Vietnamese agricultural officials have asked authorities in Hanoi and Ho Chi Minh City to gather samples of Chinese apples for testing after reports emerged that the fruits had been grown in bags of pesticides.
Nguyen Xuan Hong, head of the Plant Protection Department at the Ministry of Agriculture and Rural Development said the tests were run to confirm reports alleging that Fuji apples grown in Shandong, China were ripened in small plastic bags filled with deadly chemicals.
On Tuesday, VietNamNet quoted him as saying that the initial test results would be available on July 22.
Hong said Chinese authorities discovered thiram (a fungicide) and arsenic in several apple bags, prompting his ministry to tighten control over apple imports at border crossings.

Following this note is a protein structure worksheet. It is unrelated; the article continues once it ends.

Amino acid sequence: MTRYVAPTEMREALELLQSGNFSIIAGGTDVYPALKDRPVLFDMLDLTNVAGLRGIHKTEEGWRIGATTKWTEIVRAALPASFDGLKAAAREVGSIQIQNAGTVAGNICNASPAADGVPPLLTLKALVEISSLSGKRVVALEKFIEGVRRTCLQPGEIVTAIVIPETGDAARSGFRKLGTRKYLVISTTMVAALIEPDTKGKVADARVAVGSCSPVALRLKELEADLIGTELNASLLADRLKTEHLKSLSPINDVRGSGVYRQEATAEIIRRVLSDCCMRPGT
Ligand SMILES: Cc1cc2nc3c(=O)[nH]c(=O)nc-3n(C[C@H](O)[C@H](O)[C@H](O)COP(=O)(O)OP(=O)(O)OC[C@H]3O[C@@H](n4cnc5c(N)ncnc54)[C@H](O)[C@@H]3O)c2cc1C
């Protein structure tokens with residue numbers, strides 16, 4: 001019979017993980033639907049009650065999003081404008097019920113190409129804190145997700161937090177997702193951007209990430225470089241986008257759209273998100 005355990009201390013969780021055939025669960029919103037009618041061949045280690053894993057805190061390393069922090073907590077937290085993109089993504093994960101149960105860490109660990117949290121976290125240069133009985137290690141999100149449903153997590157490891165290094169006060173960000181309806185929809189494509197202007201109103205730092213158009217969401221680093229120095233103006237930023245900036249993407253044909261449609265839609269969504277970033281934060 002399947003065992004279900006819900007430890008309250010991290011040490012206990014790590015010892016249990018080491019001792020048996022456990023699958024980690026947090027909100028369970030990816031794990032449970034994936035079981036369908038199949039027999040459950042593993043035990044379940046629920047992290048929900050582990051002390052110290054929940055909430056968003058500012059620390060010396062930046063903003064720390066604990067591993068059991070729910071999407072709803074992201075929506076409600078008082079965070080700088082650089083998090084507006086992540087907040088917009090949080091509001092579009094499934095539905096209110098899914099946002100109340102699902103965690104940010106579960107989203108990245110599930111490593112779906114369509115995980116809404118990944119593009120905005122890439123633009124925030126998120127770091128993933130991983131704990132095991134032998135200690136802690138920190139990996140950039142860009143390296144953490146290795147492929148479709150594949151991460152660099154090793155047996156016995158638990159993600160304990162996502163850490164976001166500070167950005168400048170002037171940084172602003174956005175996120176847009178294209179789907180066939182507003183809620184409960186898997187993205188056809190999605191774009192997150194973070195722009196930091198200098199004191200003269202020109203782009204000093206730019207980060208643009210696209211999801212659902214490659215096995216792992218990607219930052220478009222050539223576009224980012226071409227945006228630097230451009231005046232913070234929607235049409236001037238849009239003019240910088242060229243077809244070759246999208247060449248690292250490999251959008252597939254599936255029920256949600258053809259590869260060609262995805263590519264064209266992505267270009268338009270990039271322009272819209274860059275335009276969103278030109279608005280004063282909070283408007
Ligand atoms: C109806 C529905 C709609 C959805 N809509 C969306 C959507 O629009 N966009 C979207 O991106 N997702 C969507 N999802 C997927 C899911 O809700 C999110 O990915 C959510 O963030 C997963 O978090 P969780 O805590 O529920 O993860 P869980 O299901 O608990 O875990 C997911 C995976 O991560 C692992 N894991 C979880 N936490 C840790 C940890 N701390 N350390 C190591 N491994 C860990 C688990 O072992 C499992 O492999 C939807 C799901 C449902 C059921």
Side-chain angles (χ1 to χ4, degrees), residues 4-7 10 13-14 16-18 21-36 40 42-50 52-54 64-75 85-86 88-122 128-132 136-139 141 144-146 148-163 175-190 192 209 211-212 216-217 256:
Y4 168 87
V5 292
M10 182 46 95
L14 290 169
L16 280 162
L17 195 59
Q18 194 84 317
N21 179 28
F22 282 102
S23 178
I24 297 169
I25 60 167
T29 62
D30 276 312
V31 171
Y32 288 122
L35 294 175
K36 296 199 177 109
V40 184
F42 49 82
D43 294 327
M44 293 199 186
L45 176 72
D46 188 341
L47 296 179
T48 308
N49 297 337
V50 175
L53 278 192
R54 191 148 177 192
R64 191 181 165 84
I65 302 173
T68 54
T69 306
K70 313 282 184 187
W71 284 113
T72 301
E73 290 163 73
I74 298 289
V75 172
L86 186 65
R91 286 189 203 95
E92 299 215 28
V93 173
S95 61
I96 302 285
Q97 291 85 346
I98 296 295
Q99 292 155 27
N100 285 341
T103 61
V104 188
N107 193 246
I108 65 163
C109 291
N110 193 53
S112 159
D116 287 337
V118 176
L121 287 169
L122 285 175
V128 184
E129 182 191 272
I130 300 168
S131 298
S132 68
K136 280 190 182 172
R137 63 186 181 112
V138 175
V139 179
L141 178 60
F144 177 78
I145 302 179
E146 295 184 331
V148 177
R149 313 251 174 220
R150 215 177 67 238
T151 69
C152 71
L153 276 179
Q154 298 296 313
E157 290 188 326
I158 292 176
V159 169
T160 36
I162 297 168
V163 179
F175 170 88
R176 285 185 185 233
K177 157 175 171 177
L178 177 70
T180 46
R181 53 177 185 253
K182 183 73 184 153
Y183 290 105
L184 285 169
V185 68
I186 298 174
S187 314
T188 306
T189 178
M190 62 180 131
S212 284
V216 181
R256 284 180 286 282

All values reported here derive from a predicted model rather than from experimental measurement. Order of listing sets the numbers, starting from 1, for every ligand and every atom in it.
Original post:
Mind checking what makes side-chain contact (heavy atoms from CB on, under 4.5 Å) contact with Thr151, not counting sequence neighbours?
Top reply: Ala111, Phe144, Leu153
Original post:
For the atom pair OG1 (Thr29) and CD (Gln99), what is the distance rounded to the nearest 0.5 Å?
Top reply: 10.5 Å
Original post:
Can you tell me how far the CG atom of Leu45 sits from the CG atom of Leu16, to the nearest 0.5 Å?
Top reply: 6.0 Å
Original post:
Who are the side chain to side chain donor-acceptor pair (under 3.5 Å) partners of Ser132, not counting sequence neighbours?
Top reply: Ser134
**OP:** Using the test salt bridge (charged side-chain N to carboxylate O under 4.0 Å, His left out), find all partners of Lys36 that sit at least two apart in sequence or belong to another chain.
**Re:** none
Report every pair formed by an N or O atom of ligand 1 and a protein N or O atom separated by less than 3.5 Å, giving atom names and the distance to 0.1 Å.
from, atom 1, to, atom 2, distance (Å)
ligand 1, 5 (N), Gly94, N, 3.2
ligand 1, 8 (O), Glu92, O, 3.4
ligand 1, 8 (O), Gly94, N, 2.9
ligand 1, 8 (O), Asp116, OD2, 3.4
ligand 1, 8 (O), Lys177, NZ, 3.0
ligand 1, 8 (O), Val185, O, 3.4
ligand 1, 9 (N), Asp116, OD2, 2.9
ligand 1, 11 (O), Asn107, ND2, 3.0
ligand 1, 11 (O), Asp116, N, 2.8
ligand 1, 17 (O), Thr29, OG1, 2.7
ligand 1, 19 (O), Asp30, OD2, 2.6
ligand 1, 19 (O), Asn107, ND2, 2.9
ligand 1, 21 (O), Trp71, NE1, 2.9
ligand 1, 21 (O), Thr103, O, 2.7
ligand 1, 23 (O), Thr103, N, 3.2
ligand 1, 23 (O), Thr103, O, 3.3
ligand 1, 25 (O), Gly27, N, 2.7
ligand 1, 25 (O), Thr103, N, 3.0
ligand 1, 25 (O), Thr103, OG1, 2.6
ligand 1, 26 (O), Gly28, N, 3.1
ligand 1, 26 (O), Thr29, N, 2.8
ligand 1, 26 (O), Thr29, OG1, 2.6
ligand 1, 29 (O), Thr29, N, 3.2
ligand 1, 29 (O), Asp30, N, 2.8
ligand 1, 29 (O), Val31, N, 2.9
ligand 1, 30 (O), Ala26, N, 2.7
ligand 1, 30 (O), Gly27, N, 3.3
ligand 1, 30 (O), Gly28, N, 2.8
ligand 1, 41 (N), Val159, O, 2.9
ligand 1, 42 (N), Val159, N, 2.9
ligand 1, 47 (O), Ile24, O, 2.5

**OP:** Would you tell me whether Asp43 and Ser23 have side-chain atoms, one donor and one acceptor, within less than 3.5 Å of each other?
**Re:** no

Ministry statistics hold that around 100,000 tons of Fuji apples are brought into Vietnam, every year, through a border crossing in Lang Son Province"”around 180 kilometers from Hanoi. Minister of Agriculture and Rural Development Cao Duc Phat has said they will await further test results before deciding whether or not to ban the fruits.
Meanwhile, several Japanese businesses have stopped importing the apples, according to a report published on the Ministry of Information and Communication's website.
Vietnam's health inspectors are keeping a close eye on imports of Chinese-made infant formula after Chinese authorities discovered elevated mercury levels in batches produced between November last year and May.
After testing 715 samples, the Chinese General Administration of Quality Supervision, Inspection and Quarantine found that mercury levels in the formula were three to four times higher than allowed by national food standards.
The results were released this month prompting the Inner Mongolia Yili Industrial Group Co. Ltd., one of China's largest dairy producers, to recall their Quanyou baby formula.
On Tuesday, the ministry's Food Safety and Hygiene Department announced that it has not allowed Yili products into Vietnam since 2009.